Admission: I'm not much of a sushi guy. So the fact that "Jiro Dreams of Sushi," now available on Netflix Instant, could have even me craving some should speak to its power. David Gelb's documentary follows Jiro Ono, an 85-year-old sushi master who runs an award-winning, globally renowned restaurant in a Tokyo subway station. The film talks about his tasty techniques, his unique business (it only seats about 10) and his plans of succession. After all, he is in his mid-'80s with two sons lined up as potential protégés.
The real star of the show, though, is the sushi. Each one is a small, simple work of art. There's nothing particularly fancy about it, but the luscious ingredients and textures of the sushi radiate off the screen, and test your stomach's ability to last the entire film without ordering some delivery. Plus, seeing the care and consideration each piece of sushi receives from Jiro makes it seem all the more delicious. There's no grand feast in "Jiro Dreams of Sushi" (it is just sushi after all), but by the end, your eyes will feel stuffed.
"Like Water for Chocolate"
I'm glad "Like Water for Chocolate" exists because, in the future, when somebody asks me what '90s arthouse cinema was like, I can point to Alfonso Arau's film and say, "Pretty much that." It's a pretty silly historical melodrama about Tita, a young woman who's able to literally cook her feelings into her food. What it's really about, though, is lush cinematography and steamy hidden passions while music straight out of a cheap telenovela blares on the soundtrack.
If you can choke down the dumb character decisions and the romance novel story, the film's main course is some really great-looking food. Arau and his cinematographers Steven Bernstein and the great Emmanuel Lubezki (last seen making movie magic in "Gravity") sumptuously capture every delicious ingredient, every dish and every intoxicated reaction. The piece de resistance is a serving of quail and rose petals that looks absolutely sinful. It's enough to drive one character to a sensory overload. The audience couldn't agree more.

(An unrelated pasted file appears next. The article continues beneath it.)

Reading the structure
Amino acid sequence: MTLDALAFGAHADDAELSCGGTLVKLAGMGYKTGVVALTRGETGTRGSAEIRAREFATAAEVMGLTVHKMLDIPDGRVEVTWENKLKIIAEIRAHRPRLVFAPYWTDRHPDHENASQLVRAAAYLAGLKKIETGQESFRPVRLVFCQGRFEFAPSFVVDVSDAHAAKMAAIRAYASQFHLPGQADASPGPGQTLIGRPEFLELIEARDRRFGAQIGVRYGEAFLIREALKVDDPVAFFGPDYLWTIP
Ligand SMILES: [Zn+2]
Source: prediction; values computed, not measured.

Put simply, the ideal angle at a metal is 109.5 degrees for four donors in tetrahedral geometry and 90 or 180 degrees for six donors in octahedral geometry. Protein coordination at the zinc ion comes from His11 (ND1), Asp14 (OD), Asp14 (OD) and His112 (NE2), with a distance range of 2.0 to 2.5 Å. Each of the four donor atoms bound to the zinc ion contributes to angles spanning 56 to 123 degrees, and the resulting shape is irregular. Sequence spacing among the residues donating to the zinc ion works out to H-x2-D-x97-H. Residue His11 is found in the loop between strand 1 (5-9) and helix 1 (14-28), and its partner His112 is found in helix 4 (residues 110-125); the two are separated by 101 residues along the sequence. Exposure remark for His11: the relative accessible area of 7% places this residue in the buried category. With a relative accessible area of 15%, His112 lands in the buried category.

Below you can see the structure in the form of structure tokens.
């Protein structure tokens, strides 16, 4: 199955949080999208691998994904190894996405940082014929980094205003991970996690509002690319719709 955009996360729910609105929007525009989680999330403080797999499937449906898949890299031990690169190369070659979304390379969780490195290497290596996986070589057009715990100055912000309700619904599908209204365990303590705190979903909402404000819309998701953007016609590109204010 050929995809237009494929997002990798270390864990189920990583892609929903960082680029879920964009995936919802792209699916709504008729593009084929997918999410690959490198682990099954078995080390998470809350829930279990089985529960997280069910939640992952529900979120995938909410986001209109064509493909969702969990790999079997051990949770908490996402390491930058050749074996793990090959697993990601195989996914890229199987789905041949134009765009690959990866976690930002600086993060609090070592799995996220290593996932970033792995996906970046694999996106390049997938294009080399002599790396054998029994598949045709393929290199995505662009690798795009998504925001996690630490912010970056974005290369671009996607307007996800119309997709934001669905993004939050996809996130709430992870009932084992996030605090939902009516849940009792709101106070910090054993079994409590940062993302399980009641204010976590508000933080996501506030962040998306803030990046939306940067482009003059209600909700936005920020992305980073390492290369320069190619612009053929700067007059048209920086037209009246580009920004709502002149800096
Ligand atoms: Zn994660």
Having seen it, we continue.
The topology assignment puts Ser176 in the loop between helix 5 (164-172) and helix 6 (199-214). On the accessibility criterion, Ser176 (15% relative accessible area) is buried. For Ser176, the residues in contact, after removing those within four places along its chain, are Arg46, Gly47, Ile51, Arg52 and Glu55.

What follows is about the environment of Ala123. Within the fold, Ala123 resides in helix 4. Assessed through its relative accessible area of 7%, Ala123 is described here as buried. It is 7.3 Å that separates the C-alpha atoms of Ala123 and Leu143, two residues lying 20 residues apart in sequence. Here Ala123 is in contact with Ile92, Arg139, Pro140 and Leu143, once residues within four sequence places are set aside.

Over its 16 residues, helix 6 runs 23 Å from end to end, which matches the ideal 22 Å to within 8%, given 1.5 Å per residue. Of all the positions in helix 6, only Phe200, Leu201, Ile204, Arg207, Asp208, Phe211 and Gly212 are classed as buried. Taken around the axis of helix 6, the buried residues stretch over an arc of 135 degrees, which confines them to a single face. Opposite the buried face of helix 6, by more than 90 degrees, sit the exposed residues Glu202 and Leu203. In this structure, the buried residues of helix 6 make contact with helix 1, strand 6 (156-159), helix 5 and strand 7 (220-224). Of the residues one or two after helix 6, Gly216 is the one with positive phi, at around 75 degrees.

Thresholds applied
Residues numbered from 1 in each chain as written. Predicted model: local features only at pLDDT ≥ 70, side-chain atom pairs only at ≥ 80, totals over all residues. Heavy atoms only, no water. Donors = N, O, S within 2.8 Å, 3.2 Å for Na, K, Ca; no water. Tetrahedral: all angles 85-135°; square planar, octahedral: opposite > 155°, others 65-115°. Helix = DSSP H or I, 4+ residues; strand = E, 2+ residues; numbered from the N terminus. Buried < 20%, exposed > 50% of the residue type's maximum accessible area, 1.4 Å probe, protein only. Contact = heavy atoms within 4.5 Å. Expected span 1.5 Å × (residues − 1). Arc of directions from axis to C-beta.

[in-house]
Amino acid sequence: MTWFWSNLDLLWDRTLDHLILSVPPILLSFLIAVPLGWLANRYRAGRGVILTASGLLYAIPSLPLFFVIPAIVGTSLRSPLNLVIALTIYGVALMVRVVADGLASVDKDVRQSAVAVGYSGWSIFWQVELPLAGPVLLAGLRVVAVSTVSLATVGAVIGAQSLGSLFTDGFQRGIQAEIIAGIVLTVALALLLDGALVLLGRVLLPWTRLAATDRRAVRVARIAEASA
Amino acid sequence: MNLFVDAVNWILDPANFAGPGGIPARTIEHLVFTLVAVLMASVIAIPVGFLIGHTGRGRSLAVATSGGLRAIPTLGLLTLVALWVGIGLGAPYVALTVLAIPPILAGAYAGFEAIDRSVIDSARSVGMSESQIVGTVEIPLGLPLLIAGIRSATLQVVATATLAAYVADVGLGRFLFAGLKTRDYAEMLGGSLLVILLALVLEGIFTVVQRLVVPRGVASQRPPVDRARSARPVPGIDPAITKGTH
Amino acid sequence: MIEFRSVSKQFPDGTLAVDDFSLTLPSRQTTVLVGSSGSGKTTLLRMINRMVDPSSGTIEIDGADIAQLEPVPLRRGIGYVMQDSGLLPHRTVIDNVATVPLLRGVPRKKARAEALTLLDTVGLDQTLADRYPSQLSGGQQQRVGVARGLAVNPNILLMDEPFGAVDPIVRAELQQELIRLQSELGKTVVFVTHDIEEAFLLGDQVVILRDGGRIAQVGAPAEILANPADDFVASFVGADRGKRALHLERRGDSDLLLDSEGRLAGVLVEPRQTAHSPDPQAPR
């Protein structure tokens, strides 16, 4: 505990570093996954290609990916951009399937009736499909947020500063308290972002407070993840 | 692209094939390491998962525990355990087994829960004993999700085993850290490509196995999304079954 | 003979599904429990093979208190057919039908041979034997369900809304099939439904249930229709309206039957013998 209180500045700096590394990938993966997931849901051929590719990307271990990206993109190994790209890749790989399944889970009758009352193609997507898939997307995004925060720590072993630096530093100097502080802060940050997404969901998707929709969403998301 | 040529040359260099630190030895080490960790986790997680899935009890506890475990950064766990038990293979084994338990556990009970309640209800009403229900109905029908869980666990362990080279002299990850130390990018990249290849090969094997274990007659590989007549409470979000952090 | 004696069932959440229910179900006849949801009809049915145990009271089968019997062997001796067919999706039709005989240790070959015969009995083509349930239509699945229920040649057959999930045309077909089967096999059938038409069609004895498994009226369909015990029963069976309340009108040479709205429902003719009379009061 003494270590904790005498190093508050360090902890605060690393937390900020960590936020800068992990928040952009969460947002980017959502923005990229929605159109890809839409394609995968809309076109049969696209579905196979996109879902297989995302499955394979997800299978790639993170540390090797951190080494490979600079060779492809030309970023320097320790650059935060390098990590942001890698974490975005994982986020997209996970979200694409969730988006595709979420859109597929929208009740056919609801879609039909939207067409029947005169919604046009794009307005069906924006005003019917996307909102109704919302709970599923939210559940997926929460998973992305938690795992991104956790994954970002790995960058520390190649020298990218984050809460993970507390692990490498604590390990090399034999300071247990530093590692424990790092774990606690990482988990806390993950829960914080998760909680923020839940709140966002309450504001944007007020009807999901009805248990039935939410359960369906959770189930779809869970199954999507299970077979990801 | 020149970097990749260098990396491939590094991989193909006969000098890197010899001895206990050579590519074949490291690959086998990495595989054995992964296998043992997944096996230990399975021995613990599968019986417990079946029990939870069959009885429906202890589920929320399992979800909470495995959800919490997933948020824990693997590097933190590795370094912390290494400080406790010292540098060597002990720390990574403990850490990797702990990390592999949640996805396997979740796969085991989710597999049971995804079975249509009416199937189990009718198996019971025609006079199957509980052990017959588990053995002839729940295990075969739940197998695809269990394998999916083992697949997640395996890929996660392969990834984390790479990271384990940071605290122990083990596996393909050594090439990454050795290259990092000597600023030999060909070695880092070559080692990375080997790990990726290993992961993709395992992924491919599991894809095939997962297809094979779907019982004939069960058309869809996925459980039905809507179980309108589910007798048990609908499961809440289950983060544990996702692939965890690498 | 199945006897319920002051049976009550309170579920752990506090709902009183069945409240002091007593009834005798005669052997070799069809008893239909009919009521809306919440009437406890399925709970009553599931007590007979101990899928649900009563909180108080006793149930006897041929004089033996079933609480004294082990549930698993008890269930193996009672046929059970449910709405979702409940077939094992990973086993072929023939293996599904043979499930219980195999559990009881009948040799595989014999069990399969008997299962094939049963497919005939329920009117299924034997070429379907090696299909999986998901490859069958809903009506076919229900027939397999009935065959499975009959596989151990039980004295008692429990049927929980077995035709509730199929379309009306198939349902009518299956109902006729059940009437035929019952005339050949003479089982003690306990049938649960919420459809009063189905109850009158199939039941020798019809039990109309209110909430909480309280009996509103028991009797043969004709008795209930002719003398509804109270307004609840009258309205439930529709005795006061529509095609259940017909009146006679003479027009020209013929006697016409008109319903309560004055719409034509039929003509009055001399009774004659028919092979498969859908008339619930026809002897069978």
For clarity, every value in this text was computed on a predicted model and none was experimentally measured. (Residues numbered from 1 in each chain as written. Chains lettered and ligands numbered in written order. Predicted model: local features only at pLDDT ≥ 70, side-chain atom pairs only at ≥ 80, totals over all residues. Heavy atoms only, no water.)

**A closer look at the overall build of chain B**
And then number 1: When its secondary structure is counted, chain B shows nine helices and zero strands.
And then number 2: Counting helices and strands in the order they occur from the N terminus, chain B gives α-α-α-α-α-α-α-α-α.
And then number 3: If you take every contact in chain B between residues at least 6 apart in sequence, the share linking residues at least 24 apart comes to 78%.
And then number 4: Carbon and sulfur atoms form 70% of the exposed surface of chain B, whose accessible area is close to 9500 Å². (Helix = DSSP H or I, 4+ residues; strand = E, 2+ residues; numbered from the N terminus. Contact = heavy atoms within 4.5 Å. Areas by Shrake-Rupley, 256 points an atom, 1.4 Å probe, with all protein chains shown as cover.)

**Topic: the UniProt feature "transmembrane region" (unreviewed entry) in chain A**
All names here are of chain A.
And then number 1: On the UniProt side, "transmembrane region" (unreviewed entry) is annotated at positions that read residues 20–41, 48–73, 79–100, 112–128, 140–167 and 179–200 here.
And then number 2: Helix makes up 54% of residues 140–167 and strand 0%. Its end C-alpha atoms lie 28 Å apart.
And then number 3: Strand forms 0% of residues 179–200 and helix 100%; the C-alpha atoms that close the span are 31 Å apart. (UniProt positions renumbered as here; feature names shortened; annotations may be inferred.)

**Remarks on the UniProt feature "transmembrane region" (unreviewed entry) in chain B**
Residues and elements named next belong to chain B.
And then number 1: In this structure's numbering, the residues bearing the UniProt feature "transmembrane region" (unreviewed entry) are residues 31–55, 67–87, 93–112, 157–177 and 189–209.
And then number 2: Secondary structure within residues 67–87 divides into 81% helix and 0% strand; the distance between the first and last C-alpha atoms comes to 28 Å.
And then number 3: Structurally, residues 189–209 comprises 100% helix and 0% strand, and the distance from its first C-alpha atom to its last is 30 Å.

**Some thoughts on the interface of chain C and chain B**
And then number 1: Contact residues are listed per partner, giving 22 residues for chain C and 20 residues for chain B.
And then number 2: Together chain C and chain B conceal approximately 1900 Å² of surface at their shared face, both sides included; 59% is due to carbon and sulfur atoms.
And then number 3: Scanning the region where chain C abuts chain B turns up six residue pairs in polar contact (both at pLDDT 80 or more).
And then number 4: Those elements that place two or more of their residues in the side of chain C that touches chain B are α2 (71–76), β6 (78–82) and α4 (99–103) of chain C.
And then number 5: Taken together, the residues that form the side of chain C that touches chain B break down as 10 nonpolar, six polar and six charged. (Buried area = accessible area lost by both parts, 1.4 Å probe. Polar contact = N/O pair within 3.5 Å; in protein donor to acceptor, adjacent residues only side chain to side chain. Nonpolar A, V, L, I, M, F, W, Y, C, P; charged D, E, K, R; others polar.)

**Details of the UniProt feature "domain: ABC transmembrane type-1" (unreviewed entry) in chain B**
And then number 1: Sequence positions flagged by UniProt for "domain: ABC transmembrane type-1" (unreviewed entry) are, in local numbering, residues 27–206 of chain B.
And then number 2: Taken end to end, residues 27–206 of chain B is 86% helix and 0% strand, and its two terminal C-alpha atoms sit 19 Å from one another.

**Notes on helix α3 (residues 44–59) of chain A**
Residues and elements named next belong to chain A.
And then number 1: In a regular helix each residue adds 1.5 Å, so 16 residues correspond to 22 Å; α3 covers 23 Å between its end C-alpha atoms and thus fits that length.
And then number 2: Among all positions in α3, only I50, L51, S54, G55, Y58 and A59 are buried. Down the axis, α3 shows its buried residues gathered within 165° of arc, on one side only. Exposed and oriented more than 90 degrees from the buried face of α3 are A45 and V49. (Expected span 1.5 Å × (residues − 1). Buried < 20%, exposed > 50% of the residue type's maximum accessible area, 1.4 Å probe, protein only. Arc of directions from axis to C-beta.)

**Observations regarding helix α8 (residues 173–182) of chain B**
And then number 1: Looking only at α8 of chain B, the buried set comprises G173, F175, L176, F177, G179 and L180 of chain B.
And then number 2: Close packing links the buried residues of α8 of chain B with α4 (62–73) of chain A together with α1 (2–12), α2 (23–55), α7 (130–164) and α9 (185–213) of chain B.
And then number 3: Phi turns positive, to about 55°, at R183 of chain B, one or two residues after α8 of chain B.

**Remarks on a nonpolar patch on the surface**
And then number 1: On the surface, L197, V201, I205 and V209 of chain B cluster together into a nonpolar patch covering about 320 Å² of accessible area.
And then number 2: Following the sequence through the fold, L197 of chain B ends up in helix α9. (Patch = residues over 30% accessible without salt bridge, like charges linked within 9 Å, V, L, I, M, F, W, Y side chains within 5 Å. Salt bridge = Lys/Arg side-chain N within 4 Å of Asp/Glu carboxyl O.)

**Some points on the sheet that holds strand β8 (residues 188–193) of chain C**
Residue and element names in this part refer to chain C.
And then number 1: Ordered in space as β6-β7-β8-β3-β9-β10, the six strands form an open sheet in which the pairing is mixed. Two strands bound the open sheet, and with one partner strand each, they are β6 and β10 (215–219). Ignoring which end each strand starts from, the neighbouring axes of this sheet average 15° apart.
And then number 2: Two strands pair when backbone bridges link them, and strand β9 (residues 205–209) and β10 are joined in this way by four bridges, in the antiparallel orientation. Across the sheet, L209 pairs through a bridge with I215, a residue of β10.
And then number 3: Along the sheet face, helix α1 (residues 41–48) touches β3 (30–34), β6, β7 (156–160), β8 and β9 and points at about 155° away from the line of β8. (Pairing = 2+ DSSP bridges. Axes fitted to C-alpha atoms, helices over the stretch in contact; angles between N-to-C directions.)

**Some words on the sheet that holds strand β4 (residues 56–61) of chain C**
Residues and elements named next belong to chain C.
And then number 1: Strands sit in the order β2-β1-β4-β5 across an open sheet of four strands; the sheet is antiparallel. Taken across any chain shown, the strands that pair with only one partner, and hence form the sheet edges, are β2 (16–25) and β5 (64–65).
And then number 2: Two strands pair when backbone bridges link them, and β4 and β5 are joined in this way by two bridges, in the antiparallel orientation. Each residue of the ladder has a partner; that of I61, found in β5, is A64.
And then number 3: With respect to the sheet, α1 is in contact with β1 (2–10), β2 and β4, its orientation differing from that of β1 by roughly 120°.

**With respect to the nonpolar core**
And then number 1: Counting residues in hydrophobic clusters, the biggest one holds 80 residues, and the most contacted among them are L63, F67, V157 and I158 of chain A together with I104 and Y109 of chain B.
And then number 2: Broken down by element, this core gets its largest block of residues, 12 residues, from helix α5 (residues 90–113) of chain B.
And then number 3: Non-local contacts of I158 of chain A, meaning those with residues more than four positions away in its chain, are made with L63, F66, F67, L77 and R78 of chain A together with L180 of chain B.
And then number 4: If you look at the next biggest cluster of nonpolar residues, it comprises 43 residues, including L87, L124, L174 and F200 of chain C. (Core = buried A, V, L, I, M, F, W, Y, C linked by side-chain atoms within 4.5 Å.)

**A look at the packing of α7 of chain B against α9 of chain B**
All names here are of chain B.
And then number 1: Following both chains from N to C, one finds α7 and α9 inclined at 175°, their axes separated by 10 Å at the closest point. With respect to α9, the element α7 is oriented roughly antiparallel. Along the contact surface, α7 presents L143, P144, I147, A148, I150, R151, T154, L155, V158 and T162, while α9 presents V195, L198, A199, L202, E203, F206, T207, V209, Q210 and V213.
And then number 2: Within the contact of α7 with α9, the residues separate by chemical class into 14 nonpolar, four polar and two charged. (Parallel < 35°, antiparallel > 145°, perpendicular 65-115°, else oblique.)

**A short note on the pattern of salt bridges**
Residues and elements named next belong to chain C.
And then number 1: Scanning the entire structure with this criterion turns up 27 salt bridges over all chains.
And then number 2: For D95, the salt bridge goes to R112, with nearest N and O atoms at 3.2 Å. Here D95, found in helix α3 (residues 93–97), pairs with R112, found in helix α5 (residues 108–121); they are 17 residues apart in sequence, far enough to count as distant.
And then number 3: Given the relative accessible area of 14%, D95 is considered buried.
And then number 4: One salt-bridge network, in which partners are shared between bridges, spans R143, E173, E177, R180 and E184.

The rest of "Like Water for Chocolate" is a bit overdone, but the food is cooked to perfection.
Quentin Tarantino's "Inglourious Basterds" probably isn't the first thing that pops into mind when you think foodie movies. But, if there's one thing Quentin Tarantino loves more than bloody, revenge-minded revisionist history, it's food. And feet. Tarantino also really likes feet.
In between all of the blood spray and profanity, however, QT always makes time for food, and many times, it looks or sounds quite delicious. There was the Big Kahuna burger and the Royale with Cheese in "Pulp Fiction," and more recently, the white cake and those beautiful, foamy amber beers King Schultz serves up to Django in "Django Unchained."
The finest dish, however, is the strudel served up in the middle of an intense face-to-face luncheon between Melanie Laurent and Christoph Waltz in "Inglourious Basterds." The director lingers on every part of the dessert – the crispy layers, the fluffy crème, the way Waltz's villainously charming Nazi loudly chomps down on every morsel as if rubbing his enjoyment in Laurent and the audience's face.
Tarantino knows the power of food and a meal between people, and he loves the idea of people taking that power by savoring it in front of others. Somehow, the casual act of ordering a flaky pastry and eating it becomes the ultimate sign of Waltz's influence and terror over Laurent, as well as one of the most tension-filled sequences in the film. And not just because we all desperately wanted a delectable strudel of our own to enjoy.
You forgot the classic "Babette's Feast" as well as "Eat Drink Man Woman"